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Local, Chinese boys share the language of baseball

Rowan Morse leads Acton-Boxborough’s shake with Chinese players after the game. Aram Boghosian for The Boston Globe

ACTON — In the smothering heat of an August evening, Acton-Boxborough Youth Baseball 12-year-olds played a game that was unusual for several reasons.

The stands, typically populated by team parents and grandparents, were full of spectators, many of whom knew none of the players. The Chinese national anthem, played on flute by Grace Chai, a student at Acton’s R.J. Grey Junior High, preceded the first pitch. Savory fare donated by a handful of local restaurants — including fried rice from Ginger Court, egg rolls from Bamboo, and chicken wings from True West — had replaced the usual candy and granola bars at the snack table. And not least, the visiting team had traveled 6,700 miles to play this particular game.


The visitors were members of Power Baseball Angels, a program for underprivileged boys from China, most of whom have lost their parents and live in orphanages or with relatives. Though the program — which receives sponsorship from charitable funds and Chinese corporations — is based in Beijing, many of the players come from remote regions of Tibet and northwest China.

Lei Li of Boxborough heard about the team when a friend asked her to help connect Power Baseball Angels with the local sports community. Li approached Ken Morse of AtBats, a baseball training center in Boxborough, and he put her in touch with the Acton-Boxborough Youth Baseball coaches. They immediately agreed to arrange a friendly match between the teams at Veterans Field in Acton.

Before arriving in Greater Boston in early August, the Chinese team visited Washington, D.C., and New York. While here they toured Harvard, swam at Revere Beach, and watched a Lowell Spinners game.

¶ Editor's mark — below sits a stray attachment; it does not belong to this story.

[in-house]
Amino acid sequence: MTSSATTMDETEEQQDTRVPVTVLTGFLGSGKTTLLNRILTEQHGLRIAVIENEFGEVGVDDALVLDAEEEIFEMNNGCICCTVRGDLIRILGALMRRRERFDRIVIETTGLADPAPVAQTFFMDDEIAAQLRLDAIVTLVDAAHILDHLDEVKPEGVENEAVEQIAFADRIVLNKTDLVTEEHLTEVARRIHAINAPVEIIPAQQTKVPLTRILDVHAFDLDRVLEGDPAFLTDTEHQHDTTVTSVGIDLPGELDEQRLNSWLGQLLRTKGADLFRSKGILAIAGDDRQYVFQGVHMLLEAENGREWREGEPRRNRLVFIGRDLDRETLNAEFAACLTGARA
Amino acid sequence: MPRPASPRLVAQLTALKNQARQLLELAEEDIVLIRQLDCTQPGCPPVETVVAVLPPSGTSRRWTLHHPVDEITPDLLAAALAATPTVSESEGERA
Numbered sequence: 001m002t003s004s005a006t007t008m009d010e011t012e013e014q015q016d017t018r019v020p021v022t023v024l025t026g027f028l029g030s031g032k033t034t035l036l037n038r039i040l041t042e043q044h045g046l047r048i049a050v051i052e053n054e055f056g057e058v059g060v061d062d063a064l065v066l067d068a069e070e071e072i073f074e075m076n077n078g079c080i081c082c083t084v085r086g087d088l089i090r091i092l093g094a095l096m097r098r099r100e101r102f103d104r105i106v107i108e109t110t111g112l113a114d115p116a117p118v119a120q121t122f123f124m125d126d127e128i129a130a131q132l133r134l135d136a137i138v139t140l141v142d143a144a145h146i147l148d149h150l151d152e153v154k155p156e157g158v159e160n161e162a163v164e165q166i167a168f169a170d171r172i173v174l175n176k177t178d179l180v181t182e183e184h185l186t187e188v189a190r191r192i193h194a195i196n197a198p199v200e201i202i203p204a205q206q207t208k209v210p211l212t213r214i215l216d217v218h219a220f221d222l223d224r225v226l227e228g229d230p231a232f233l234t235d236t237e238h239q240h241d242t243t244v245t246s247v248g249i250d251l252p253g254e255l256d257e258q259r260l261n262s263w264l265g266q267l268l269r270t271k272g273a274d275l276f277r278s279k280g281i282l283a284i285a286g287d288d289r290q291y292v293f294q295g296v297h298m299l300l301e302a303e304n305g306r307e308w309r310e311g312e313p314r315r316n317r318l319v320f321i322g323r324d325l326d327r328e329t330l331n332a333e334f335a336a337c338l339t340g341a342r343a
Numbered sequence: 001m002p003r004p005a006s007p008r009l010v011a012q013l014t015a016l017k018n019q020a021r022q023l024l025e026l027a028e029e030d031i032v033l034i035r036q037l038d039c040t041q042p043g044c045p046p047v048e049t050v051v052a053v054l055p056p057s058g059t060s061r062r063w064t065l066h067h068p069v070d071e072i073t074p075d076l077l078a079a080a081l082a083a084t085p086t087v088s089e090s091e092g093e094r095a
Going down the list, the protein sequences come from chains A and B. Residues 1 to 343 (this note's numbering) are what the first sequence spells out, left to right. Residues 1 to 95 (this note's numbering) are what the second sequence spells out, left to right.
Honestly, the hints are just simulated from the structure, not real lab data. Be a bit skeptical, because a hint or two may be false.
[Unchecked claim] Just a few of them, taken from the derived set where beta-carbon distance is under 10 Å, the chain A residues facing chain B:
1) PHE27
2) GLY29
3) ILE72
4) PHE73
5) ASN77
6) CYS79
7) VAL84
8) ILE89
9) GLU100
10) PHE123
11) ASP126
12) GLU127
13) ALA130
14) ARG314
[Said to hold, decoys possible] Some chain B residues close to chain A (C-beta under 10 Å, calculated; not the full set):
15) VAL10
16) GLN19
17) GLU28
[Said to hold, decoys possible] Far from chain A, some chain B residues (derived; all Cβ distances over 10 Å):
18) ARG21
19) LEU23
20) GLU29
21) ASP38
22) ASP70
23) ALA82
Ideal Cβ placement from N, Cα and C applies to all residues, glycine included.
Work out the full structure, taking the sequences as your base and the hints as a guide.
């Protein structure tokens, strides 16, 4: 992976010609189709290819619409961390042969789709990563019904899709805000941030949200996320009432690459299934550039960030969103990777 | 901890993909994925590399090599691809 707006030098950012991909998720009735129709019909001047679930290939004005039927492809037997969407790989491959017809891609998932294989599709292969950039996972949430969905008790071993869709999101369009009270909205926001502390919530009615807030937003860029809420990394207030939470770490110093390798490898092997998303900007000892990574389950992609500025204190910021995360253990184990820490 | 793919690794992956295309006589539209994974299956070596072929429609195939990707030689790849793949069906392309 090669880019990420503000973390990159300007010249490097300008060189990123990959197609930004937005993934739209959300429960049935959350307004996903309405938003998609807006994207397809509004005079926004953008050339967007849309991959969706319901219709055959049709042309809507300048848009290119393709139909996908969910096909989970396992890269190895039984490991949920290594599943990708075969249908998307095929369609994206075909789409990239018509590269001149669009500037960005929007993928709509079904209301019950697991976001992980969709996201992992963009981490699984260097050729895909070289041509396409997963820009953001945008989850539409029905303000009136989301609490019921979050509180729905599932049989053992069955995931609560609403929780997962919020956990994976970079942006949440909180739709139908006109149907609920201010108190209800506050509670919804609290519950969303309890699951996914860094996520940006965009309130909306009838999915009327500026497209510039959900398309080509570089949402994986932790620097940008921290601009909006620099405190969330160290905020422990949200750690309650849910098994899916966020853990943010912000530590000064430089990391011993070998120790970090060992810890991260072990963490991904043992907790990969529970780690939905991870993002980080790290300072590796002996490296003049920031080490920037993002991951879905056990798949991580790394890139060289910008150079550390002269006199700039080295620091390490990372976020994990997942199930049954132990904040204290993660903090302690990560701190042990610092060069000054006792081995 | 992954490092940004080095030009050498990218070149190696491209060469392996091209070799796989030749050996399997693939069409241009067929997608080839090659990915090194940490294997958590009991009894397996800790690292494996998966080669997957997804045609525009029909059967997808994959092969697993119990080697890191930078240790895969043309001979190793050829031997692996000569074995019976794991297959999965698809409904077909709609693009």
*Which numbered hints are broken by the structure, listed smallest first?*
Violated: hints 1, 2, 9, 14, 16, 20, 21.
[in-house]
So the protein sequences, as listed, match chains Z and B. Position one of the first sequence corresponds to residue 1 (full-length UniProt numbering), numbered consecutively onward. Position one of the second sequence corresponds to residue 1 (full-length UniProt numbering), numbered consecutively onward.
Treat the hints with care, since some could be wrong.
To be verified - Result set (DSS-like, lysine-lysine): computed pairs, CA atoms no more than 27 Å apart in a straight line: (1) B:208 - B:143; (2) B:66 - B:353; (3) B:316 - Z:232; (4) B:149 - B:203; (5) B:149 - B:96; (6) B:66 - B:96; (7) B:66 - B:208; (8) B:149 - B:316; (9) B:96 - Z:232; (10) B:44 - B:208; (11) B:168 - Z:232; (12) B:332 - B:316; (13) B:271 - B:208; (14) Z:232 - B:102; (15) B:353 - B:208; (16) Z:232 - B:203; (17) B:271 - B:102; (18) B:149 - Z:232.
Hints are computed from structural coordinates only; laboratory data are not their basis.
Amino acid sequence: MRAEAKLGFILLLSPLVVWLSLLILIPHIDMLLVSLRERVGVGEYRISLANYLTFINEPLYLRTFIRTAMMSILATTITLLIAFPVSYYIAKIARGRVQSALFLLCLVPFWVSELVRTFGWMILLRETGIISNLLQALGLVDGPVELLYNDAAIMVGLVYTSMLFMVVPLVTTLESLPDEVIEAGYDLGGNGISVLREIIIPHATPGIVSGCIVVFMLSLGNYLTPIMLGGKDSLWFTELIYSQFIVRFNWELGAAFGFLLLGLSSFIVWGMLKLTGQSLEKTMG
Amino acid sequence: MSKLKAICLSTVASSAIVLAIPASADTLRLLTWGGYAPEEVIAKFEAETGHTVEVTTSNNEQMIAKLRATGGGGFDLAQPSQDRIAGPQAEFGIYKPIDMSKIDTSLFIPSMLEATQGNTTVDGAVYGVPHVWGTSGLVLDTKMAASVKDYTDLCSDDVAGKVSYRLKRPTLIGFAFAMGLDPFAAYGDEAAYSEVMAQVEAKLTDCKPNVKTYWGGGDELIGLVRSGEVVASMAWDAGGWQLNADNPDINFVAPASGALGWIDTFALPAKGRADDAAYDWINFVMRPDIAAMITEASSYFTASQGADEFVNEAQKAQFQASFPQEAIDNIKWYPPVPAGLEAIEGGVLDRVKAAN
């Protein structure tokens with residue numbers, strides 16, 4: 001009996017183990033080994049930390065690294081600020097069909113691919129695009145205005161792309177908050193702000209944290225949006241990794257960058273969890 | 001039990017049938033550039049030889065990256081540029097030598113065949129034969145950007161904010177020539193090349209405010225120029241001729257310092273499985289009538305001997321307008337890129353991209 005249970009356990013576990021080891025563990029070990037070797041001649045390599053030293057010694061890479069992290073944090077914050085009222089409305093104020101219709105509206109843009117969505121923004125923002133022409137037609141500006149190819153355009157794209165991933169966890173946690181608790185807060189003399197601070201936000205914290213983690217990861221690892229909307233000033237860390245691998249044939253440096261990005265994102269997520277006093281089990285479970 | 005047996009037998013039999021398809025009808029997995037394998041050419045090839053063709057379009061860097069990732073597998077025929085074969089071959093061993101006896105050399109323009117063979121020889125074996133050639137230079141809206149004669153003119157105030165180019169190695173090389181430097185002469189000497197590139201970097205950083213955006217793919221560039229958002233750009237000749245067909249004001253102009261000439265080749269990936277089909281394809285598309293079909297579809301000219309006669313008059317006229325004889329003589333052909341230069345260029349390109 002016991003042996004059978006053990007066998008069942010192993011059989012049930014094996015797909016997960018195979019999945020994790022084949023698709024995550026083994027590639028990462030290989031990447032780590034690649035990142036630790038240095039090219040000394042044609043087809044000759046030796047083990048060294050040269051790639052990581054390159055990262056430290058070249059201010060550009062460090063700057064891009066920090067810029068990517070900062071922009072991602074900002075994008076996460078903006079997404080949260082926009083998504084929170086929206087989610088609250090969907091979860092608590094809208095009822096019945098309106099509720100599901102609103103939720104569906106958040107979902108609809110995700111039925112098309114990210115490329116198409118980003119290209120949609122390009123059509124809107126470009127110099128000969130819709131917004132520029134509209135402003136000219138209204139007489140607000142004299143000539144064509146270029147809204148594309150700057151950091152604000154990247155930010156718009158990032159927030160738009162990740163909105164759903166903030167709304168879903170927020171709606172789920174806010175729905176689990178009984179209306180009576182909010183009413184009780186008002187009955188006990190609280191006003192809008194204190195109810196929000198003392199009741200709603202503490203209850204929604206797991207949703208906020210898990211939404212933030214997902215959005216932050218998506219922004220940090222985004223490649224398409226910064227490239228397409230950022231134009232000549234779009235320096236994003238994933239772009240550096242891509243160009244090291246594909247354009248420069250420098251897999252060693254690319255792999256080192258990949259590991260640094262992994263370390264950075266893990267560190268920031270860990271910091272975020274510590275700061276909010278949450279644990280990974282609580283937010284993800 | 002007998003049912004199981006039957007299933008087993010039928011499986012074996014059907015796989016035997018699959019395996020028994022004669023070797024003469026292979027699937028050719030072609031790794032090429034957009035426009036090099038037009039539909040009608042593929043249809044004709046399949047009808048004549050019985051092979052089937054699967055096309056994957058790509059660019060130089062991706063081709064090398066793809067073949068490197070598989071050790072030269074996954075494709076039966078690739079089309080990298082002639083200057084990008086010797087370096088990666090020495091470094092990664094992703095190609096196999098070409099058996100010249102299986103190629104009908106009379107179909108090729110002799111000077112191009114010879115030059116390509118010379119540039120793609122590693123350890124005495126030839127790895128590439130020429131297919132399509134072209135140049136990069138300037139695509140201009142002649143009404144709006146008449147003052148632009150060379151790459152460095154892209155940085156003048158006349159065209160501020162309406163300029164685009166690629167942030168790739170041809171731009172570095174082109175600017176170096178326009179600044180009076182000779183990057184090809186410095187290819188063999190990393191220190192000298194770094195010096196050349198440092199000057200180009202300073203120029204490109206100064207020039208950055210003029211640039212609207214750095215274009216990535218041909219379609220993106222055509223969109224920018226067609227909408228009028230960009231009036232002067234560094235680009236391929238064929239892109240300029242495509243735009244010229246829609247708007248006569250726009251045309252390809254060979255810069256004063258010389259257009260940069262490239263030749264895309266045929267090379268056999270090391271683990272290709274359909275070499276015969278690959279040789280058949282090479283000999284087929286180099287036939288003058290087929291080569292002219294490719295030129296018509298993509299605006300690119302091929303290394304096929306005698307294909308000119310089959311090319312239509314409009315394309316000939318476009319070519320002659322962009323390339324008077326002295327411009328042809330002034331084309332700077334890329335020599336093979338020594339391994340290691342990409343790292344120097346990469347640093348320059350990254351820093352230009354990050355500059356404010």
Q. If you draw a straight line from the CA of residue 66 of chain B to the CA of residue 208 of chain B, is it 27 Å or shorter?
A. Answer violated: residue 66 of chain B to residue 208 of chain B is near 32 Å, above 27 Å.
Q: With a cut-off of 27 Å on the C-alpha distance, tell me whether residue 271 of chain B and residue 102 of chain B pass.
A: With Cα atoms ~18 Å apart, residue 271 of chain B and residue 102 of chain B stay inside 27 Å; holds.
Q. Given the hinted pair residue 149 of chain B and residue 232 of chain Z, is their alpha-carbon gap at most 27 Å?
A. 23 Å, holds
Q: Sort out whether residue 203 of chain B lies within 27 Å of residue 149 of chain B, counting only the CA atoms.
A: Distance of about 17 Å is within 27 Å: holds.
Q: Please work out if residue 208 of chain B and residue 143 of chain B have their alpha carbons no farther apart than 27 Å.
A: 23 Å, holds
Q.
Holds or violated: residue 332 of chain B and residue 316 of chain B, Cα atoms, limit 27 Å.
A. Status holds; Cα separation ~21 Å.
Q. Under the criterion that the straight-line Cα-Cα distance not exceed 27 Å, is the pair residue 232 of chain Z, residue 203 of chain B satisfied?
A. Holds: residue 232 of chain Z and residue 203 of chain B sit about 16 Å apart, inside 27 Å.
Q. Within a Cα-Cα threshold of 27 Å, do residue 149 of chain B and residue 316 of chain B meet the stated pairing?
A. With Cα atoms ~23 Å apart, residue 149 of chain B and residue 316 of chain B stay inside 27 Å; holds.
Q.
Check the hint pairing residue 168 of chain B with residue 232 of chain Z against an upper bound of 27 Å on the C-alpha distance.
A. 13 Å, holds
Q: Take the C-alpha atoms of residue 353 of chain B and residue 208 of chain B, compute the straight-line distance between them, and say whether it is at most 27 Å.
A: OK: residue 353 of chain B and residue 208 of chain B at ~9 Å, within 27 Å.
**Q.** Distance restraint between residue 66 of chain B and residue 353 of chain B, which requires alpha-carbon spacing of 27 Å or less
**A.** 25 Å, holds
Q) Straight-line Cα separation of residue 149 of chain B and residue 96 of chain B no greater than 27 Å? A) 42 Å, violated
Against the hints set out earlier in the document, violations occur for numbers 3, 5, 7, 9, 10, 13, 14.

The national anthems of both countries were played at Veterans Field in Acton. Aram Boghosian for The Boston Globe

“This is a special program because it presents a very different way from how we usually donate money to underprivileged children,” said Li. “Participation on this baseball team helps these young people to grow up to be responsible individuals. And the kids on the A-B team will learn from these kids from China as well.”


Bernie Hodsdon, who coached the Acton-Boxborough team, agreed it was a learning experience for his young charges.

“Sports is a great way to teach lessons, and this is a fine example,” said Hodsdon, a biotech executive who lives in Chelmsford. “Sports teaches you about respecting yourself, your authority figures, and your opponents. Playing the same game with peers from a vastly different culture is fascinating for these boys.”

Lingfeng Sun, coach of the visiting team, said through a translator that it had been eye-opening for his players to witness American passion for baseball. “We’ve all been made to feel welcome and at home,” Sun said. “It’s very inspiring to see the enthusiasm of the fans.”

Boxborough’s Michael Cheng, a rising junior at Acton-Boxborough High School, was one of many locals who came to watch the game despite not knowing anyone on either team. “I think this is great,” said Cheng, who lived in Beijing as a child and speaks fluent Mandarin. “China doesn’t have a sporting culture the way we do in the US. It’s just a game to them. This is cool for the visiting kids to see.”

Ben Hirschberg of Acton, 12, whose pitching helped lead his team to a 3-2 victory over the visitors from afar, had been looking forward to meeting the opposing team ever since his coach first told the boys about the game. “I’ve never played baseball against guys from another country,” he said. “Even if you don’t speak the same language, you can come together in the language of baseball.”


Hirschberg’s teammate, Anthony Sturniolo of Boxborough, said it was fun to meet the visitors, though he wished the language barrier hadn’t prevented them from getting to know each other better. “I’d like to ask them how they’ve handled their situations,” he said, having been told by his coach that most of the boys were orphans. “It has to be hard losing a parent. But they still came all the way here to see the US and to play baseball with us. That’s cool.”

Liang Zhengshuang delivers for the Chinese team. Aram Boghosian for The Boston Globe

Nancy Shohet West can be reached at